A nifty guide to Italian business culture, etiquette & vocabulary


Tinamaria Colaizzi

Whether you’re already working for an Italian company or interested in starting your career in Italy, knowing business Italian vocabulary is a step in the right direction.

Just a few key Italian business phrases can make a world of difference, and understanding the business culture in Italy can help you navigate professional relationships and career growth.

This guide will help you:

  • Understand Italian business culture
  • Use common greetings
  • Make business calls in Italian
  • Prepare for an interview with Italian business phrases
  • Engage in a meeting with Italian business words
  • Write an email with Italian business vocabulary
  • Make friends with colleagues

Now, let’s get down to business…in Italian!

Learning a few key Italian business phrases can make a world of difference.

Italian business etiquette and culture tips

This guide will cover Italian business culture, ranging from what to do to what to say. Before we delve into these details, though, we need to cover perhaps the most important Italian business etiquette tip: formalities. They are generally appreciated in the Italian workplace!

When it comes to Italian business culture, there are a few titles you should keep in mind:

Dottore / Dottoressa:

The “doctor” title isn’t just for medical professionals. In Italy, anyone who has a university degree has the title of dottore or dottoressa.

Signor / Signora:

This is the common “Mr.” or “Ms./Mrs.” formality. You’ll find both of these used throughout this guide. How else should you address these people? Using the formal Lei, of course!

Italian business etiquette

In Italian, the “you” form has three options: tu (informal), Lei (formal), voi (plural). And technically, you could even use the Loro (they) form for super-formal situations, but let’s not worry about that for now.

It’s polite to use the Lei form with people you’ve just met, people who are older than you, or in business interactions. In this article, you’ll see that most of the phrases use the formal Lei. However, if you feel comfortable with someone and want to make the switch to the tu form, you can ask using this format:

Italian English translation Italian example sentence Meaning
Dare del tu Speak using the informal “tu” Possiamo darci del ‘tu’? Can we speak using the informal ‘you’?

Often, the other person will probably agree (Certo!) and you can go on with your conversations using the tu form. But some people may prefer the formalities and say no. So, it’s always important to ask first without assuming.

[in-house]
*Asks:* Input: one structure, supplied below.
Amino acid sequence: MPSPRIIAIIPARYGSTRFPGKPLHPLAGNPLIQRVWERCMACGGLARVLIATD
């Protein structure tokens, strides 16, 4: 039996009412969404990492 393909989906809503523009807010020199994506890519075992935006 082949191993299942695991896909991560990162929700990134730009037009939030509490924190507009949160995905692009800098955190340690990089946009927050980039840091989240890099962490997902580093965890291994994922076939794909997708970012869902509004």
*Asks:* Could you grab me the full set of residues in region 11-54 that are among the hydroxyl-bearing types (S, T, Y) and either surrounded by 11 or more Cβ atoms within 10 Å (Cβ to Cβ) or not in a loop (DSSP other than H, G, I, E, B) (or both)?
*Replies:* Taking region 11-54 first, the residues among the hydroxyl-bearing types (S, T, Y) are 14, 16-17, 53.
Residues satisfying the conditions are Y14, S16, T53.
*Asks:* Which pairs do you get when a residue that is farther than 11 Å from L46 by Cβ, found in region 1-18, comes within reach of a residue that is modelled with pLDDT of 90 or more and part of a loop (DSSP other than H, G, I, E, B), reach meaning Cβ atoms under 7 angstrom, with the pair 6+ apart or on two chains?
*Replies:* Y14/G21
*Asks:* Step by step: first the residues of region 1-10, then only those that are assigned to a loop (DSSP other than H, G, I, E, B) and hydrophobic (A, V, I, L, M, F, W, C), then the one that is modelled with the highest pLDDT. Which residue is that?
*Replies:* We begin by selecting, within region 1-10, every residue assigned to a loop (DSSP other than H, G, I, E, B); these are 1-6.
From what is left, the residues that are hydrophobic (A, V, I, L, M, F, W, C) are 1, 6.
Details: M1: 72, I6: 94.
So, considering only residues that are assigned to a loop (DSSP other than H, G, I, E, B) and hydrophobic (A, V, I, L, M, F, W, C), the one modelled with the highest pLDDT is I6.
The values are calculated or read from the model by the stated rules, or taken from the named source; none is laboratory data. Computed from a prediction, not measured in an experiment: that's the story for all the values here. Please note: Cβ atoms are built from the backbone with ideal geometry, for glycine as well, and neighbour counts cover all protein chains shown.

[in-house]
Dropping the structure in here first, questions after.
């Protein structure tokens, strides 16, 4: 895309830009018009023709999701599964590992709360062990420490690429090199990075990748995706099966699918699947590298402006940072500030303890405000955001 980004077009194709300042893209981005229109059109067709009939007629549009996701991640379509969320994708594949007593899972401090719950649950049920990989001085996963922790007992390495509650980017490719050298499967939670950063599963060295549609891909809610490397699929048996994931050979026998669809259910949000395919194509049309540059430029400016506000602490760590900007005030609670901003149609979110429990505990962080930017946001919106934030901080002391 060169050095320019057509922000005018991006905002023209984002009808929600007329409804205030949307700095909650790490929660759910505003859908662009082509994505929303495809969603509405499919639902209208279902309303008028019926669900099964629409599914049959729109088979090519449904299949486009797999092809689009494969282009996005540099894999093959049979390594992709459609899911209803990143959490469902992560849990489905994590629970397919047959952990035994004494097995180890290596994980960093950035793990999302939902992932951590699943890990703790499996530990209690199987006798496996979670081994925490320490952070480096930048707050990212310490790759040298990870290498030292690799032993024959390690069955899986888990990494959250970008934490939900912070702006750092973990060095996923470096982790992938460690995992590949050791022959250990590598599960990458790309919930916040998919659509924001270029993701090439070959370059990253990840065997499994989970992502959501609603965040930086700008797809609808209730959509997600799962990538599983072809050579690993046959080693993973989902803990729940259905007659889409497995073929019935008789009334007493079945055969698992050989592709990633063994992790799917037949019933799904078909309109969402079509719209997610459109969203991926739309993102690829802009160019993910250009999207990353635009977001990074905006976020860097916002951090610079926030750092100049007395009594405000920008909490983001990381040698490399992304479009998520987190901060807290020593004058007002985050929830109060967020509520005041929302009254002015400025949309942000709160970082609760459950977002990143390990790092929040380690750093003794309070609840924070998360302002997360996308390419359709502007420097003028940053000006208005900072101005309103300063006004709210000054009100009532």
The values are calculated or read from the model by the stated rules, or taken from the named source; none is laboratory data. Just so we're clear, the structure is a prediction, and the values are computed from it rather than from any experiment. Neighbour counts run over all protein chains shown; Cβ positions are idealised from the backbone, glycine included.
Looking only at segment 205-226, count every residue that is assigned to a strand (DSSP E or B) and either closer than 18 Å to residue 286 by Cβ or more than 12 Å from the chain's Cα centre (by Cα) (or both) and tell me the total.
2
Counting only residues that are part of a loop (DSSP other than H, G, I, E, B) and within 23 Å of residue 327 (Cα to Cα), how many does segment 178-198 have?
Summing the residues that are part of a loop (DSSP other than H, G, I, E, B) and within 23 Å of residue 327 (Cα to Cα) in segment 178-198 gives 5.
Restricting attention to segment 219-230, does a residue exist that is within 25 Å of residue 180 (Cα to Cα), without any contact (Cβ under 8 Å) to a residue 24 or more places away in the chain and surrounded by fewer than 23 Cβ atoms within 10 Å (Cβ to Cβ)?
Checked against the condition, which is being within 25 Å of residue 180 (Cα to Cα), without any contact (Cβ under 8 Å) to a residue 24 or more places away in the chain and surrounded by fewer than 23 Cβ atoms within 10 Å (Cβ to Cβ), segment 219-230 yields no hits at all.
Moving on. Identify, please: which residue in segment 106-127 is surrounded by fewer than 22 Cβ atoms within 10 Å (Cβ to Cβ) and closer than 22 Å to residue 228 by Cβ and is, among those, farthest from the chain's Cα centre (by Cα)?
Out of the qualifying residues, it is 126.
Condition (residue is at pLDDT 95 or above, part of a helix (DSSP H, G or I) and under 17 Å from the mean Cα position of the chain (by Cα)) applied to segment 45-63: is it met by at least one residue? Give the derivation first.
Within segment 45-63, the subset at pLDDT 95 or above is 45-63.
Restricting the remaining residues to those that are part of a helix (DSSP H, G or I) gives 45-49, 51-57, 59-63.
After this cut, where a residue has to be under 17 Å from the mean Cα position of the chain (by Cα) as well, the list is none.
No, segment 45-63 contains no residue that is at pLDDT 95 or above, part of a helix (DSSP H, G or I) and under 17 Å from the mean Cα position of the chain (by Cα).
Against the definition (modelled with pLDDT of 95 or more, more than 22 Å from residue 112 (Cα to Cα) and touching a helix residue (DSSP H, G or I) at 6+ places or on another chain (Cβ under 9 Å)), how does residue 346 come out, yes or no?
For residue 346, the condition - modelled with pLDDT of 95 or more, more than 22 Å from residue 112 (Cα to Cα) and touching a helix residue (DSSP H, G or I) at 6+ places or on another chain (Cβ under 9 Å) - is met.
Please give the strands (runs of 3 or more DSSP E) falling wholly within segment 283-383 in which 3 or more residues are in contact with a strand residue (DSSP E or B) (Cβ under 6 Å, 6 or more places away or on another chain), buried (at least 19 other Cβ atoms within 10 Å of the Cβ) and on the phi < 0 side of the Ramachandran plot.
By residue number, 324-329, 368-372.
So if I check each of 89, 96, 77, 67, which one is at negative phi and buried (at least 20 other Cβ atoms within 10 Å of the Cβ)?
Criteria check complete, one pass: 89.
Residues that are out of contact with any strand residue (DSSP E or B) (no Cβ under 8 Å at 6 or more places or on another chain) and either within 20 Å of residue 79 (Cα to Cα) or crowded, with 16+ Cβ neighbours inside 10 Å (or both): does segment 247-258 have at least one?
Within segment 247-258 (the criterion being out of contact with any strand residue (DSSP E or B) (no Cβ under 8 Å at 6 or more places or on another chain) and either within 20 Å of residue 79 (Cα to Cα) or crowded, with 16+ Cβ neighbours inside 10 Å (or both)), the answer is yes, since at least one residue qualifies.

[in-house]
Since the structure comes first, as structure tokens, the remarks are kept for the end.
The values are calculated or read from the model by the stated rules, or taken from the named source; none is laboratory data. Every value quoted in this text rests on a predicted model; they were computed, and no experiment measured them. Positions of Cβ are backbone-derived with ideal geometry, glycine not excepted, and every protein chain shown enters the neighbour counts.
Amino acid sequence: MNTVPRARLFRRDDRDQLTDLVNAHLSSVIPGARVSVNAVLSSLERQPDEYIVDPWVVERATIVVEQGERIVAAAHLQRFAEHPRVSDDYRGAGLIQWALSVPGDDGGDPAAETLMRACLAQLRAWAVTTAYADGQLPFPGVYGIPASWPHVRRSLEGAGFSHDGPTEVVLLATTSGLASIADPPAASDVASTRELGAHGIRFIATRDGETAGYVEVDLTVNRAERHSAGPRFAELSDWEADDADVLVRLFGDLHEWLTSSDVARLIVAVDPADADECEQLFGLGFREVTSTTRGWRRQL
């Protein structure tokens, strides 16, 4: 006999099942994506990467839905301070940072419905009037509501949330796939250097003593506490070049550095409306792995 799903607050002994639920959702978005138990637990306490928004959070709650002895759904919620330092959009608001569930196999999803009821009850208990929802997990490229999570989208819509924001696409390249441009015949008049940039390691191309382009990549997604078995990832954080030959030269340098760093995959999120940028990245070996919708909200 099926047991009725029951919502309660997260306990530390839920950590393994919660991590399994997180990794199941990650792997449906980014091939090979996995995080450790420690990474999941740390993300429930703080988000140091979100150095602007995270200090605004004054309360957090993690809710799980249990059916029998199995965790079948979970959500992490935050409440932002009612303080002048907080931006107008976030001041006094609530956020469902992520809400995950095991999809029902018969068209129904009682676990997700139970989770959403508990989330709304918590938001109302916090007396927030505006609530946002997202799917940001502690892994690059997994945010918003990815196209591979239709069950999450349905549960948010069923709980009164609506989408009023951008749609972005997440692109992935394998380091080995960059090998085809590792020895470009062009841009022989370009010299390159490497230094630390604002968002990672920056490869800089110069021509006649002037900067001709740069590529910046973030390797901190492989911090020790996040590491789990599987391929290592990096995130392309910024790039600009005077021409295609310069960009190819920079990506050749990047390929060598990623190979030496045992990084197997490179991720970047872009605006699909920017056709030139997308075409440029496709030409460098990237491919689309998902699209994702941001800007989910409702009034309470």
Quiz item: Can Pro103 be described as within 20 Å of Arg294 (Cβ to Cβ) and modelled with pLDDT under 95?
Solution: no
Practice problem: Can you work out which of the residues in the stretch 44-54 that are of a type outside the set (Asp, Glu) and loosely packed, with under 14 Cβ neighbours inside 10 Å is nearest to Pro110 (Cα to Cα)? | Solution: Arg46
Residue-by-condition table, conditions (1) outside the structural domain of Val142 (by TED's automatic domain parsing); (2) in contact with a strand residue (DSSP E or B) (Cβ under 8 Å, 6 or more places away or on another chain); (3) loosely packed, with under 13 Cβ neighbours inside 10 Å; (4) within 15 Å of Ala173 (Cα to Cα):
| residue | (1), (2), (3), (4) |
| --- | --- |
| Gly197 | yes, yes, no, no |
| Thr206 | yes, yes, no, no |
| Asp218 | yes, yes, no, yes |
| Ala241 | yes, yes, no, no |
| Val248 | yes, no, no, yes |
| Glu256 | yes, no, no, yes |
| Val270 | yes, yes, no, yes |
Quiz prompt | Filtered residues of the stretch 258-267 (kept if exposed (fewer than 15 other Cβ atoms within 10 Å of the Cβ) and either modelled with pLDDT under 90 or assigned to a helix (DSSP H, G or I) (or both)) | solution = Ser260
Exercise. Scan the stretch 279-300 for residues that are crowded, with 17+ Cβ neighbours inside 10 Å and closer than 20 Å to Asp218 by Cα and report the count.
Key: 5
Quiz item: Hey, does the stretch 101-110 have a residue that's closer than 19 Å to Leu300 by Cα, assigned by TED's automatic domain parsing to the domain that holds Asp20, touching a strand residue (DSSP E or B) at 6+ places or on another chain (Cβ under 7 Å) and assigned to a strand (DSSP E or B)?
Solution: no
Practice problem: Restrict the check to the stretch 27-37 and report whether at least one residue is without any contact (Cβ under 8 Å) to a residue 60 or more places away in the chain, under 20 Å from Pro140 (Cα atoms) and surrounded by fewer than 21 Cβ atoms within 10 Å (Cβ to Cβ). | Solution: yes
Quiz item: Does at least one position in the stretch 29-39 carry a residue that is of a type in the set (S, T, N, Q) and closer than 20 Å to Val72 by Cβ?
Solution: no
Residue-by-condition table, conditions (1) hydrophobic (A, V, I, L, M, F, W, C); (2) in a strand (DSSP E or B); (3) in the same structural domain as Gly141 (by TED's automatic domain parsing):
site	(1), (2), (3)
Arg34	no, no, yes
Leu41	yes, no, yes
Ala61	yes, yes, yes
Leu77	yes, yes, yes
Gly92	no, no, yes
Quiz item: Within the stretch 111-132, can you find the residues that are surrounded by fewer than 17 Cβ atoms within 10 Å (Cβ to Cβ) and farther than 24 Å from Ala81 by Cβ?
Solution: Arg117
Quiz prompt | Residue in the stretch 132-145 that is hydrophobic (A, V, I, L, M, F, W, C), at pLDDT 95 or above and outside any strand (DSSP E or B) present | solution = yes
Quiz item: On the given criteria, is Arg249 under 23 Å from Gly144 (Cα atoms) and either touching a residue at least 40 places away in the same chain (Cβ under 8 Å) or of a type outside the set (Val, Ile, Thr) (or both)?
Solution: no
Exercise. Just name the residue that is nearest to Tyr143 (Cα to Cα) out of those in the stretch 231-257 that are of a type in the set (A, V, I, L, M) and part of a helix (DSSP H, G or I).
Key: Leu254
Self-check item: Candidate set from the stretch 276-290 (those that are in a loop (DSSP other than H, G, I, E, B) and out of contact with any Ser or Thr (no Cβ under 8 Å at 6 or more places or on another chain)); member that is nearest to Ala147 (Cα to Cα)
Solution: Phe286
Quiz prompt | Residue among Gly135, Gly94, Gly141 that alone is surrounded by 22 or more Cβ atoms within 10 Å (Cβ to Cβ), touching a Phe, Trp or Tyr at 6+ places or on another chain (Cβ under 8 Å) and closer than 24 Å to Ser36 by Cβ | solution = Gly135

It’s polite to use the Lei form with people you’ve just met, people who are older than you, or in business interactions.

Italian business culture

Italian business norms and culture have been gradually changing over the years, especially with the increase of multinational companies’ branches throughout the country. Even so, there are five golden standards that hold true when it comes to Italian business culture. It’s important to note that the following points are generally true, and will of course depend on the culture of a specific company.

1. Rapport goes a long way

Building rapport is a must if you want to excel at business in Italy. This is true at all stages, starting from the interview process to doing business with clients. If you’re looking for a job in Italy, it’s always a good idea to ask any contacts you have in the country first, instead of just going straight to LinkedIn or a recruitment agency.

In fact, one Istituto Nazionale di Statistica (ISTAT) study found that nearly fifty percent of jobs in Italy are landed through personal connections and networking. Although these norms have recently been shifting within younger generations, it’s definitely something to keep in mind when it comes to Italian business culture.

For those who are new to Italy (and, as a result, might not have many personal connections), don’t worry! Simply engaging with potential career connections can go a long way. Chit-chat at a networking event is a great first step at building rapport…just make sure to stick to the typical “small talk” topics, without delving into personal matters or politics. With that being said…

2. Have a sense of humor!

In general, Italian business culture isn’t “all work and no play”. Although there is a general respect for authority and formalities, it’s typical to engage in friendly jokes and banters with long-term colleagues and business associates. It’s also common to grab an aperitivo with colleagues after work and socialize.

3. Meetings: Patience makes perfect

Have you ever heard the phrase, “This meeting could have been an email?”. Well, don’t expect to hear it that often in Italy. Italian companies generally prefer having frequent meetings - often taking place in presenza, as there’s value placed on sharing feedback and ideas face-to-face. In fact, while COVID-19 introduced “smart working” (working from home) to Italian business culture, most companies still have a preference for working in the office rather than remotely.